Wednesday 07 December 2022

Icco: Is the relation between prices and the stock-to-grindings ratio no longer relevant?

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ABIDJAN, Côte d’Ivoire – The stock-to-grindings ratio is among the market forces of the cocoa market that determine cocoa price movements. It is obtained by dividing the end-of-season stocks of the previous cocoa year by the estimated grindings for the actual crop year. This indicator is used to measure the relative scarcity or availability of cocoa beans for processing activities during a given cocoa year.

Thus, world cocoa prices and the stocks-to-grindings ratio are inversely related as it is considered that a higher stock-to-grindings ratio will result in lower cocoa prices and vice versa.

The reason for the inverse relationship is that, higher values of the stock-to-grindings ratio suggest relatively abundant cocoa stocks that is available to satisfy the demand for cocoa processing and subsequently is anticipated to pressure down cocoa prices.

On the contrary, lower values for the stock-to-grindings ratio indicate a relative scarcity of cocoa beans in respect to the expected grindings activities and thereby contributes to bolster cocoa futures prices.

However, it is worth noting that, the stock-to-grindings ratio is not self-sufficient to explain the trends of cocoa prices for various reasons. On the one hand, it does not account for parameters like currencies strength, inflation, and other fundamental factors which have a direct impact on price movements.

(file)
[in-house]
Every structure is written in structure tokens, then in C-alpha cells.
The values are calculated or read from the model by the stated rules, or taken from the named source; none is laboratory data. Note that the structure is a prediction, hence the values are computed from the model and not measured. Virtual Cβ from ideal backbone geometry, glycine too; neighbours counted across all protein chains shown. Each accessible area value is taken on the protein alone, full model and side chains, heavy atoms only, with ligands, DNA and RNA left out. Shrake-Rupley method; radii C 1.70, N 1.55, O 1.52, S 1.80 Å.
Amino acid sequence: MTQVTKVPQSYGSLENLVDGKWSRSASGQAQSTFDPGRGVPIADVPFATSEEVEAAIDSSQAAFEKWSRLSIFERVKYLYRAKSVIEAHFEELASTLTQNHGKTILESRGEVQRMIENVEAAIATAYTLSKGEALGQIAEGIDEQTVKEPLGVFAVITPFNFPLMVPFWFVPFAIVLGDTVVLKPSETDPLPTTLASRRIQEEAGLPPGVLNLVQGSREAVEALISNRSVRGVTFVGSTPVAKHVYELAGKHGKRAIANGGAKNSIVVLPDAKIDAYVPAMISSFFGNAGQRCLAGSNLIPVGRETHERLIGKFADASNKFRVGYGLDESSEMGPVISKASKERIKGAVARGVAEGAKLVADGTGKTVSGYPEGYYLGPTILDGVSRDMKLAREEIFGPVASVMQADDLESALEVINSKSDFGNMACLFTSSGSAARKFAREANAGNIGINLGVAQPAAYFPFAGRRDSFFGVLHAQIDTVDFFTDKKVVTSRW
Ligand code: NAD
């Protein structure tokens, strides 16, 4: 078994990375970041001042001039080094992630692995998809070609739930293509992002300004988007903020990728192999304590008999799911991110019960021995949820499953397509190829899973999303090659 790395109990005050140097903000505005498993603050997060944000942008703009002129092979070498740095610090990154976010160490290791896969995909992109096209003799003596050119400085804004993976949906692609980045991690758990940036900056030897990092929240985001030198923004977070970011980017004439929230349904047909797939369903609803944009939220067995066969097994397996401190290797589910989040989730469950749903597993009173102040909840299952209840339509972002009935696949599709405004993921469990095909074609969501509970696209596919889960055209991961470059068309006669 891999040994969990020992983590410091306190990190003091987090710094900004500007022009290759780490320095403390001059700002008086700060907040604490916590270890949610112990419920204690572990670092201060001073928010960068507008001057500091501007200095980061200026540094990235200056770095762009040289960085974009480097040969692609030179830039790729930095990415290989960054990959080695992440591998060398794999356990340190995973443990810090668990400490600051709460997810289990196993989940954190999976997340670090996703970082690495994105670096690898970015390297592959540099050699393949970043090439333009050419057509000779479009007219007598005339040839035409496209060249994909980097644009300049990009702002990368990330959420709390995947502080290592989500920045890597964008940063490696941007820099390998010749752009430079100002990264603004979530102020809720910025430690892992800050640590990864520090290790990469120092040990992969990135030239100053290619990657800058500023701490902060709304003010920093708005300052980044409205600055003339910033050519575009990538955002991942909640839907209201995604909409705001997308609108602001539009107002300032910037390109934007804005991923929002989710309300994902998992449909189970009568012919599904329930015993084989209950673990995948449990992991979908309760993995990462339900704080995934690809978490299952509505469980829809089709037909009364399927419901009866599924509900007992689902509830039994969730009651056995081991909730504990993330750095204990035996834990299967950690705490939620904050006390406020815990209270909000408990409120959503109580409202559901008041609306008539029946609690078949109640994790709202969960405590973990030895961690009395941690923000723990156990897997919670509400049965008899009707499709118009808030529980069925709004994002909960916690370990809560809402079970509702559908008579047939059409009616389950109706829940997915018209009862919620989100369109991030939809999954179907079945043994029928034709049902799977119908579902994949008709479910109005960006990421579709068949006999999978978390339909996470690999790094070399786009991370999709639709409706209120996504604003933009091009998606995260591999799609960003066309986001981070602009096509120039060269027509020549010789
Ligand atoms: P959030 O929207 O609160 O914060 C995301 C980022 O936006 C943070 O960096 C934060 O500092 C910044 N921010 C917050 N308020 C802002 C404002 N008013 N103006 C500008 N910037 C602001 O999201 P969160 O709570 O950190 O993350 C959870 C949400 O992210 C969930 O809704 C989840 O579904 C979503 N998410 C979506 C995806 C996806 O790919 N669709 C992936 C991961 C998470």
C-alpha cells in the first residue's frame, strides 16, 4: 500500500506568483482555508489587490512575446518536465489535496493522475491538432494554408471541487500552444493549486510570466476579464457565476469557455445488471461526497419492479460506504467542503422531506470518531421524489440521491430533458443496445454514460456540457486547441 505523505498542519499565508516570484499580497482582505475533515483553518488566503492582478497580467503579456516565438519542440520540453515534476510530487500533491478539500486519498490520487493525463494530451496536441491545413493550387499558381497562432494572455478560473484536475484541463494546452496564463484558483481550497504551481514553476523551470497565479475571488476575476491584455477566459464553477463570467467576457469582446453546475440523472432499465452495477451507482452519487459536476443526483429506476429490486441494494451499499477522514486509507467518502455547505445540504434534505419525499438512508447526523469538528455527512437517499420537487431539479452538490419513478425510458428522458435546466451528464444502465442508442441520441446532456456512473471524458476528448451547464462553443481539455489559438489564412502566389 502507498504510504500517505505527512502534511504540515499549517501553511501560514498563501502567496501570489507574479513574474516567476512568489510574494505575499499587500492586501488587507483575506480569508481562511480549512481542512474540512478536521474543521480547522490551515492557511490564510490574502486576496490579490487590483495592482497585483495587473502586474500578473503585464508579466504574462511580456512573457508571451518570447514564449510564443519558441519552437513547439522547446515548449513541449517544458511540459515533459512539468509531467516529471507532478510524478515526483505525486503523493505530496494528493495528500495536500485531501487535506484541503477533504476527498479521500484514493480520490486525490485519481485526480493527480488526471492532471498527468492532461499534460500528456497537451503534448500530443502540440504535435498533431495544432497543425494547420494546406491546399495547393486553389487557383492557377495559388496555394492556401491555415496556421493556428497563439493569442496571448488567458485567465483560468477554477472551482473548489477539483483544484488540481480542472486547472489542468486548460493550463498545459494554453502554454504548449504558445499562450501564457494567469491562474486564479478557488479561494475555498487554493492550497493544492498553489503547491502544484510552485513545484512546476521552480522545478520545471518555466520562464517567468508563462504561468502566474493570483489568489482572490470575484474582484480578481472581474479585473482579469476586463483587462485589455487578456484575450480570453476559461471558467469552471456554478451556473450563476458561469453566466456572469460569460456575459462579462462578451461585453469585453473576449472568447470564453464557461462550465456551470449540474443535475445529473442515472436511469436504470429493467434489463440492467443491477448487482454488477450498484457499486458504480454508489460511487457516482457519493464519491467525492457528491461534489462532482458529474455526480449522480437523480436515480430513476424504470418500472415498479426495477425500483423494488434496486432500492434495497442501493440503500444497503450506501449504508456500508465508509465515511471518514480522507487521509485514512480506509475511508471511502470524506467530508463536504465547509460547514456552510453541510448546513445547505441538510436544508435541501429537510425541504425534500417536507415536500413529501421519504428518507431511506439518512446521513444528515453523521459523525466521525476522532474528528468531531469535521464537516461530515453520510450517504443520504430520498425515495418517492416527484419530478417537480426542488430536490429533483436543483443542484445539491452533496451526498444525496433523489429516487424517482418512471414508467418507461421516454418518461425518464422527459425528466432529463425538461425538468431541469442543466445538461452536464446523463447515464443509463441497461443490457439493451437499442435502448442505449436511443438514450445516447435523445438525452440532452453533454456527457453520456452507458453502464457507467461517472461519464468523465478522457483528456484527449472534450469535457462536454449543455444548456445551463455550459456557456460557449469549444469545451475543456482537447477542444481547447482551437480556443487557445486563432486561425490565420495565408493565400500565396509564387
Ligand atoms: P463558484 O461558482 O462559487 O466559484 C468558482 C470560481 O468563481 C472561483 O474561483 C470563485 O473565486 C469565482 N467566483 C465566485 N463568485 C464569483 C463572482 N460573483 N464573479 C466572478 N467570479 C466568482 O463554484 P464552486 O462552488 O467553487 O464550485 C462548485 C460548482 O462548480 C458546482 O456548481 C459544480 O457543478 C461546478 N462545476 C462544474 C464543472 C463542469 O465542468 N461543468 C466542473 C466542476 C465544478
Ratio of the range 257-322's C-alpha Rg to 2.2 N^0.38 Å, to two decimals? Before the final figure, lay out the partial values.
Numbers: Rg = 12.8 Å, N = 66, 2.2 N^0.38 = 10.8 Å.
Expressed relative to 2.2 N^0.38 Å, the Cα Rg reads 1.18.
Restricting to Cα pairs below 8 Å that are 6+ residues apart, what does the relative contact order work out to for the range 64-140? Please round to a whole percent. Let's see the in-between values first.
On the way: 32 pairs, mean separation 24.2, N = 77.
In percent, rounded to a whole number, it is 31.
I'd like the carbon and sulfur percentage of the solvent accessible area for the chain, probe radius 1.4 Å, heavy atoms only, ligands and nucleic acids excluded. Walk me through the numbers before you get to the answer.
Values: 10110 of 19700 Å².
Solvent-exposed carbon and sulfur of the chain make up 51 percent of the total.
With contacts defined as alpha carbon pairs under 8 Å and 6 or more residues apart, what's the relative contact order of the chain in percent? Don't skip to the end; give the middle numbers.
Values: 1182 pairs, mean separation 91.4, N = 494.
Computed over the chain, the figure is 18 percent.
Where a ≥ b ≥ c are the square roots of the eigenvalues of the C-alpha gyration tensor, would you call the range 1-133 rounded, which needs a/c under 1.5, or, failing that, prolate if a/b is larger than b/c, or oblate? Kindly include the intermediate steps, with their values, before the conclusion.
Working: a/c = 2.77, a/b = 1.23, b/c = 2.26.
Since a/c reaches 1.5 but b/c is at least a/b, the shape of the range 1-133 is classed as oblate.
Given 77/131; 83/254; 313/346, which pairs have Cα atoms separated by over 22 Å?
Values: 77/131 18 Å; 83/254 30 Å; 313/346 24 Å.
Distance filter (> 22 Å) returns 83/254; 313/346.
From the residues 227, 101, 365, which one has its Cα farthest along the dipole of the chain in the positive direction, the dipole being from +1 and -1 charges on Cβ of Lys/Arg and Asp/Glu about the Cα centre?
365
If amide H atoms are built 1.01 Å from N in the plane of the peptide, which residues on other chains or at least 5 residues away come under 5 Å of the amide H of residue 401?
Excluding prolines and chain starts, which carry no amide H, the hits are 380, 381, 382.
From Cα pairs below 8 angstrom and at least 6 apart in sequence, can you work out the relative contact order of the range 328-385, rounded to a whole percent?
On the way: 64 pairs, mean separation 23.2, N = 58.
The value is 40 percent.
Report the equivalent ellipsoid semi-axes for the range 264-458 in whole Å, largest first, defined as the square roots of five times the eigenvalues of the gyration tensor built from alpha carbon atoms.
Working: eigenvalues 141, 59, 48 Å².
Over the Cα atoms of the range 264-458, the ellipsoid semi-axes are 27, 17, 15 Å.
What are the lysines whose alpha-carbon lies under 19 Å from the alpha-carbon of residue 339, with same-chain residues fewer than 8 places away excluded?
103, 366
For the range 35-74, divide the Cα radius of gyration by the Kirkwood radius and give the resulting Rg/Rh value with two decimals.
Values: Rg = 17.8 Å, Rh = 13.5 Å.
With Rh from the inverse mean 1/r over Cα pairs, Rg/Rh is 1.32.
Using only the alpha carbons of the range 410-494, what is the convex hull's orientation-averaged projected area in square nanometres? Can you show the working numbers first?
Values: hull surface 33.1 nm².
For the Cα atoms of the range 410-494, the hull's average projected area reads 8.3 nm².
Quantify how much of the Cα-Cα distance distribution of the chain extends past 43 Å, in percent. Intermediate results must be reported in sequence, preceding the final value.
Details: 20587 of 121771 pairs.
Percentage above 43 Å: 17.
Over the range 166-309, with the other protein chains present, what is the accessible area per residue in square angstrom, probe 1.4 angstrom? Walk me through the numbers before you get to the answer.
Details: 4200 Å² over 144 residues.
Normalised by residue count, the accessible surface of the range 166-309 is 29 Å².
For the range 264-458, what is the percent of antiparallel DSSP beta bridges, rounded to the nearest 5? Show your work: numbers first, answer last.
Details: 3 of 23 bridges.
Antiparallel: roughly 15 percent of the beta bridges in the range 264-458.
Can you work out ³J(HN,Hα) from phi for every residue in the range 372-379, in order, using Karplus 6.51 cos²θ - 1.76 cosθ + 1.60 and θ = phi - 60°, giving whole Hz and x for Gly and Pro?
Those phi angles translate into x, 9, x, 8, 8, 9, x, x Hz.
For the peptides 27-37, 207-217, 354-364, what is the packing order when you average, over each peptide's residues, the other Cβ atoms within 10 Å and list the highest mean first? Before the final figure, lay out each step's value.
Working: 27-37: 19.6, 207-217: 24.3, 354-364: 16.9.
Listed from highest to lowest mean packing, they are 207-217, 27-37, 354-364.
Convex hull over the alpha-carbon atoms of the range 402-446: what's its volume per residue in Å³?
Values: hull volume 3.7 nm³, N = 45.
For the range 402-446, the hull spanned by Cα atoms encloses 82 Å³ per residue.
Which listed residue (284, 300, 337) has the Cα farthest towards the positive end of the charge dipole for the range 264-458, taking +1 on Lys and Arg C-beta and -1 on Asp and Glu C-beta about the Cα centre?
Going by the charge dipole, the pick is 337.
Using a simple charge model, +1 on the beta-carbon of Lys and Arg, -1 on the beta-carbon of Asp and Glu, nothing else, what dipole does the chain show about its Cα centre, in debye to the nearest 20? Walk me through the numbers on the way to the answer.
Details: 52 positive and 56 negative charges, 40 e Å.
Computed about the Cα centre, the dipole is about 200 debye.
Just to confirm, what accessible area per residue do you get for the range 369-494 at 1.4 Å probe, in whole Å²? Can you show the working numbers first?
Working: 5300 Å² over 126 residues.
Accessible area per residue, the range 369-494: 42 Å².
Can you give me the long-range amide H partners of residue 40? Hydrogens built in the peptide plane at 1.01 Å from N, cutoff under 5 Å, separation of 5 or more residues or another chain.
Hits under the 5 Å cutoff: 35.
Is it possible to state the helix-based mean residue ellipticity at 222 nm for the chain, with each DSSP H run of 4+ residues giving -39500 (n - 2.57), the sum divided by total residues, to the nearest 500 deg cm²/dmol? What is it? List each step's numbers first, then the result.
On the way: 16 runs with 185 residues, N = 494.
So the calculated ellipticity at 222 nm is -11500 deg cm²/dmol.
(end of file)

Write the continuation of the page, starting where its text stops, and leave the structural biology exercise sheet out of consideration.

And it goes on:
On the other hand, the calculation depends on the precision and accuracy of statistics on the end of season cocoa stocks and grindings. As such, statistical errors do add up in the derivation of the elasticity of prices to stock-to-grindings ratio.

In the light of the aforementioned reasons, as shown in Figure 1, discrepancies between the historical prices – blue line – and the in-sample estimates are indeed expected. The forecast price for 2021/22 is currently under the estimated 95% confidence interval – yellow area -: from US$2,503 to US$2,717 per tonne.

As at June 2022, while a supply deficit is expected for the ongoing 2021/22 season, cocoa futures prices have followed a downward trend which has mainly been triggered by economic uncertainties. A year back i.e. June 2021, prices followed a downward trend as in the midst of the Covid-19 pandemic, the global cocoa market was expected to end the 2020/21 cocoa year with an excess supply.

This situation clearly illustrates that the stock-to-grindings ratio is not robust enough to drive cocoa futures prices as the “severity” of surplus/deficit depends on the volume of grindings for that specific year. Nevertheless, as shown in Figure 1, the observed discrepancy for the ongoing 2021/22 season, is not as big as that of the 2011/12 cocoa year.

The demand for cocoa is expected to overtake supply for 2021/22.

© International Cocoa Organization

Futures prices developments

The global cocoa market was at half-mast on both sides of the Atlantic in June with prices of the nearby cocoa futures contract averaging US$2,139 per tonne and ranging between US$2,059 and US$2,215 per tonne in London while in New York the JUL-22 contract traded at an average price of US$2,396 per tonne and oscillated between US$2,291 and US$2,522 per tonne.